Illustration 17: A “SAFE” PROJECT’S ELEMENTS
A safe project can include stacked clips, each with sync audio; a “gray scale” effect as a placeholder other generator effects; and a cross dissolve as a placeholder for other transitions. However, I would not add dissolves because they make grading more difficult. I have since learned other items cannot be round-tripped: Compound clips, Markers, the Ken Burns FX; Primary and Secondary Color Corrections, most Effects, some 3rd party plugins, and Titles. The key is to round-trip as soon as the edit is locked — before effects are added.
When the clips you export in an XML file have no handles, after they are round- tripped there is no way to length them as you fine-trim your project and add transitions. Therefore, when you initially fill an FCP X timeline you should add clips to the timeline with an extra second of media at the in-point and out-points. These handles absorb frame errors when they occur.
Illustration 18 shows the project in Resolve’s Edit Room. Note that Resolve splits audio from video. While you can play the project to confirm the transfer was successful, I recommend not editing the imported project.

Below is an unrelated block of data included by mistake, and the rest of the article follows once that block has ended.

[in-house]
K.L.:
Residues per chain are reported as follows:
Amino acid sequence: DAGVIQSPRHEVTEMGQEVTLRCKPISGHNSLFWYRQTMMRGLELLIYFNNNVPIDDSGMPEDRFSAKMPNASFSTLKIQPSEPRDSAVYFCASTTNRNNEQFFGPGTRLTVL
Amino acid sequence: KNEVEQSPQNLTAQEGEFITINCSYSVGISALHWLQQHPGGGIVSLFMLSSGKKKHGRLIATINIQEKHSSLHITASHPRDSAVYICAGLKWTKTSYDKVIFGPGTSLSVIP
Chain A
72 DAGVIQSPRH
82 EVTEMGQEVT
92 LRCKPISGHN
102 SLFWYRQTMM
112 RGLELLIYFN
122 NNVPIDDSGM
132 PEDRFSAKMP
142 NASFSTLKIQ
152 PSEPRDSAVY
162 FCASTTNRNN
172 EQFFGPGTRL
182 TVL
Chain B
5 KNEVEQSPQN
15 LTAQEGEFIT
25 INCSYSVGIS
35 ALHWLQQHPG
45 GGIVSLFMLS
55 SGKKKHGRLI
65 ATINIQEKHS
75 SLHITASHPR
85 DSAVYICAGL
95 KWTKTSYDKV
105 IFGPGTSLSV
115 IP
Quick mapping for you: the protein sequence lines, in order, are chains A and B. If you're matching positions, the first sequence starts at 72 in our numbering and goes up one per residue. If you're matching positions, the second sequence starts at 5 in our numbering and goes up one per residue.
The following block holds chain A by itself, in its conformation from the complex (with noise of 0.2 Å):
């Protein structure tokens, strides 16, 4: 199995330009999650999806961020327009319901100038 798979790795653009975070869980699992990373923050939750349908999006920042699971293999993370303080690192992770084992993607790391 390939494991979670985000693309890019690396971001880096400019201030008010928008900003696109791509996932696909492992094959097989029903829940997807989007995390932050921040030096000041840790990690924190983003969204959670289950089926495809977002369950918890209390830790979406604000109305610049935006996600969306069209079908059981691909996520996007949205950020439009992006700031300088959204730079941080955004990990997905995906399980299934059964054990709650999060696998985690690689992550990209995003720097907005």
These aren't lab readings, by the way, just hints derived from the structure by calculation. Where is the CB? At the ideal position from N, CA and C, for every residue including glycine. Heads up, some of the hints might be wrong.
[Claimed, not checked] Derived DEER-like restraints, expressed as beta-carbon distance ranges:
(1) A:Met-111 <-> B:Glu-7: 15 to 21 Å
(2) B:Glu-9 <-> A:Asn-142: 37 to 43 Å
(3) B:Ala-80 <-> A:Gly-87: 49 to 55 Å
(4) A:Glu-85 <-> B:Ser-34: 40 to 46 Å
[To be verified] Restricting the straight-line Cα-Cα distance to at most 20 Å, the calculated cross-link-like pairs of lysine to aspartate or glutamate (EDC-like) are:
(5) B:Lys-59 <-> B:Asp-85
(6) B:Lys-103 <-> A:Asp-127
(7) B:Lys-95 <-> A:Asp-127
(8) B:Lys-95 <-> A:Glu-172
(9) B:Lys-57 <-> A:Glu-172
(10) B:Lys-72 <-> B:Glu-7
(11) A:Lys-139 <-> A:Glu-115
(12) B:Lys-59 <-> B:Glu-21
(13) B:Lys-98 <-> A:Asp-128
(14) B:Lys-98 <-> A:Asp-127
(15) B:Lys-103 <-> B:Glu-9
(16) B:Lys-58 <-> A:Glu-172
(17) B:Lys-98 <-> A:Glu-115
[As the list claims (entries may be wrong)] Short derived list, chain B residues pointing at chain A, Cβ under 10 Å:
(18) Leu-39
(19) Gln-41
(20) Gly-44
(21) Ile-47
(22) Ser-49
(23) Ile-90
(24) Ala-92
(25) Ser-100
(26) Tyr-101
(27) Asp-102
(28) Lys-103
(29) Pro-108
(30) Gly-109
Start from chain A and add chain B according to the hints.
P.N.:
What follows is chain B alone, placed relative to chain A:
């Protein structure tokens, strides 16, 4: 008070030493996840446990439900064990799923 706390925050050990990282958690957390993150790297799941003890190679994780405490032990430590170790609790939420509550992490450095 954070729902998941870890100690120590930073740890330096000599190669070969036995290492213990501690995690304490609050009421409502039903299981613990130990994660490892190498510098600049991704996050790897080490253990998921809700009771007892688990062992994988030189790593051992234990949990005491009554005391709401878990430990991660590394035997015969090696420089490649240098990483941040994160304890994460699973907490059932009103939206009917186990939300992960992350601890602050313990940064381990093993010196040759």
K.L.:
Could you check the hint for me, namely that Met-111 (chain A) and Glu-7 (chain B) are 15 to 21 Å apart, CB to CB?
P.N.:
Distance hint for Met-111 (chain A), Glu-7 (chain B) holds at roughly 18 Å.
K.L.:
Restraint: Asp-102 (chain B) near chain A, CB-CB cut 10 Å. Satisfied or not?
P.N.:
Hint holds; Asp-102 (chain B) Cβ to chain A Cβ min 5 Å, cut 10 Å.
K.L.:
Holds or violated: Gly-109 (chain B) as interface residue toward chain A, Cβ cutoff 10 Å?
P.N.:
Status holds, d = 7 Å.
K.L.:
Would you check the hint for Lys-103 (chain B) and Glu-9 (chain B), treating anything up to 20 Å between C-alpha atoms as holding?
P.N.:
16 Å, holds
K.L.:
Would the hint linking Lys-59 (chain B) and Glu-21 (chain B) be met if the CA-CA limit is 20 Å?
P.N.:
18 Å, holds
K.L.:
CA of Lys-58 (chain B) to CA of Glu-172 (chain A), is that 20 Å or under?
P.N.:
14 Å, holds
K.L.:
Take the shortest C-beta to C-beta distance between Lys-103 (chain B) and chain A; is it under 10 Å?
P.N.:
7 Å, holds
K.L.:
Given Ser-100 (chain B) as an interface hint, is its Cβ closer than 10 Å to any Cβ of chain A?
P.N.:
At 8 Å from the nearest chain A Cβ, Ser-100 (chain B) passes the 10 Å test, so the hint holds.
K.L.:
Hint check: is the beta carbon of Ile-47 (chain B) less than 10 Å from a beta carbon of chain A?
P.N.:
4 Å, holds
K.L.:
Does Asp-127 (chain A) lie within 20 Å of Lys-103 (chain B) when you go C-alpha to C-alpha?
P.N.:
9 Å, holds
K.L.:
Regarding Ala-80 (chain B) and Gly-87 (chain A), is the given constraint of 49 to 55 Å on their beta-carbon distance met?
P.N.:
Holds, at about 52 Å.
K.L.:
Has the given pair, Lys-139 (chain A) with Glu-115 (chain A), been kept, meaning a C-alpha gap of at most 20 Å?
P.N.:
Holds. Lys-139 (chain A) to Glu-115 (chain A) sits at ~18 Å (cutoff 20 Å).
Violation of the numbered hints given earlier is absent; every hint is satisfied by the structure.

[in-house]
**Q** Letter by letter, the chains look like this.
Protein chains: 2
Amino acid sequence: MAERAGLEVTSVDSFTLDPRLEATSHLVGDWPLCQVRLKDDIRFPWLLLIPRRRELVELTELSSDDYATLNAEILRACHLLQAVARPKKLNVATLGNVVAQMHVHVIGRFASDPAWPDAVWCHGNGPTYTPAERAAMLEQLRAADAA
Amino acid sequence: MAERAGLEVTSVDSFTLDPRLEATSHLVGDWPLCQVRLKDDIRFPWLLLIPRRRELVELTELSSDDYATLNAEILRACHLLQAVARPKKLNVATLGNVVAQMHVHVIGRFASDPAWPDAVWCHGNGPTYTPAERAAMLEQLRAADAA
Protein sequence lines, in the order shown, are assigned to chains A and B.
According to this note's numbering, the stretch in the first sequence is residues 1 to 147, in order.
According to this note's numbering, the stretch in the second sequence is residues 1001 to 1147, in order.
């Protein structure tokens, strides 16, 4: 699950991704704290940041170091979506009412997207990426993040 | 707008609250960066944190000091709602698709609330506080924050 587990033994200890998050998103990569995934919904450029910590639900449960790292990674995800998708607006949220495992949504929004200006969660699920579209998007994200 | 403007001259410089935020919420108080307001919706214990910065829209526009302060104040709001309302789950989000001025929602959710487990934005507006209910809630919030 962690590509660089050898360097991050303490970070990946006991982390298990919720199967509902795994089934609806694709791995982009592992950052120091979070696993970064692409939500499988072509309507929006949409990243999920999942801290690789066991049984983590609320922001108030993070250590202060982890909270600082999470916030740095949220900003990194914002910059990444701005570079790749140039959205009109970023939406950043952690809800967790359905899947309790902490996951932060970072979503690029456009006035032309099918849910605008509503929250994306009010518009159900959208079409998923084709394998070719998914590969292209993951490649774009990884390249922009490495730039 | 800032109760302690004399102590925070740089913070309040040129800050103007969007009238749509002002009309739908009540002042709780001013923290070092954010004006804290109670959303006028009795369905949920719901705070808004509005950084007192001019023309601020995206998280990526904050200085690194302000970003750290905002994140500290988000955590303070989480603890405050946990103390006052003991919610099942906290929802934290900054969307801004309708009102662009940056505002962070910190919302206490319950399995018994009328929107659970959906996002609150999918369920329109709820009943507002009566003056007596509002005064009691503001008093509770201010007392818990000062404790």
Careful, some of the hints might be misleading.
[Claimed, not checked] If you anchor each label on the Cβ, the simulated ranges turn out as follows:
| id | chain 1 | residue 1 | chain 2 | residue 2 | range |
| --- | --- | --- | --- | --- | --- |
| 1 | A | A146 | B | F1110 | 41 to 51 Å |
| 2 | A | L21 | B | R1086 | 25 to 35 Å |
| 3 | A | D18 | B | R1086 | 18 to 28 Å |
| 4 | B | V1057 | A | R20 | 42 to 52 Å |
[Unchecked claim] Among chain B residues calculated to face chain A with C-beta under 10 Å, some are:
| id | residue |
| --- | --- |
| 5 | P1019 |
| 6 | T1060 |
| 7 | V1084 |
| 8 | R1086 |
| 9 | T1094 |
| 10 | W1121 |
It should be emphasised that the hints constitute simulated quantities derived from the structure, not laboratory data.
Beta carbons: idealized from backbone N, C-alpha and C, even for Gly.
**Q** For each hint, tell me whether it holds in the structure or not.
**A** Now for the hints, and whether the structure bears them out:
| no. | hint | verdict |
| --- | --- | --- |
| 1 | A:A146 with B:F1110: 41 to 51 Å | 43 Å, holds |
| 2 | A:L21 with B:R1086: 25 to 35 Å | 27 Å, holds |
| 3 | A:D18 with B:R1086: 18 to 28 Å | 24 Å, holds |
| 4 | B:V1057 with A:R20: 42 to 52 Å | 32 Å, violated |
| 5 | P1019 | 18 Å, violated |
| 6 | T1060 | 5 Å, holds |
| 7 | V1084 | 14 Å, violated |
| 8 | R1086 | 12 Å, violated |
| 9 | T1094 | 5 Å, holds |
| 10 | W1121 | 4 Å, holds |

Illustration 18: SAFE PROJECT IN RESOLVE TIMELINE
Illustration 19 shows how the project’s five clips are presented in the Color Room. The three stacked clip thumbnails appear in the order they appear in the XML. This makes grading straightforward.
Illustration 19: THIRD (UPPERMOST) CLIP IS SELECTED.
Illustration 20 shows the video and audio structure of the timeline in Resolve’s Delivery Room. I suggest playing through your project to check for correction errors before export. In addition to creating an XML for FCP X, one can also export a ProRes or H.264 movie. Although one cannot specify the bit-rate of H.264, I measured it at 24Mbps.
Illustration 20: RESOLVE DELIVERY ROOM.
Even though my safe project repeatedly survived round-tripping, the frame-error message always appeared during import into FCP X.
After round-tripping the 8mm project I checked for frame errors. I found 5 in the 13-minute project. illustration 21 shows, starting at the upper-left: the last correct frame in a clip; two uncorrected frames that intrude at the end of this clip; the location where these frames were pulled from (about 8-seconds later); and a corrected version of the under-exposed image shown in Illustration 4.
Illustration 21: LAST CORRECT; INTRUDING FRAMES; SOURCE LOCATION; CORRECTED ILLUSTRATION 4.
While it took extra work to finish my 8mm project, with what I learned, my next round-trip will be far easier and faster.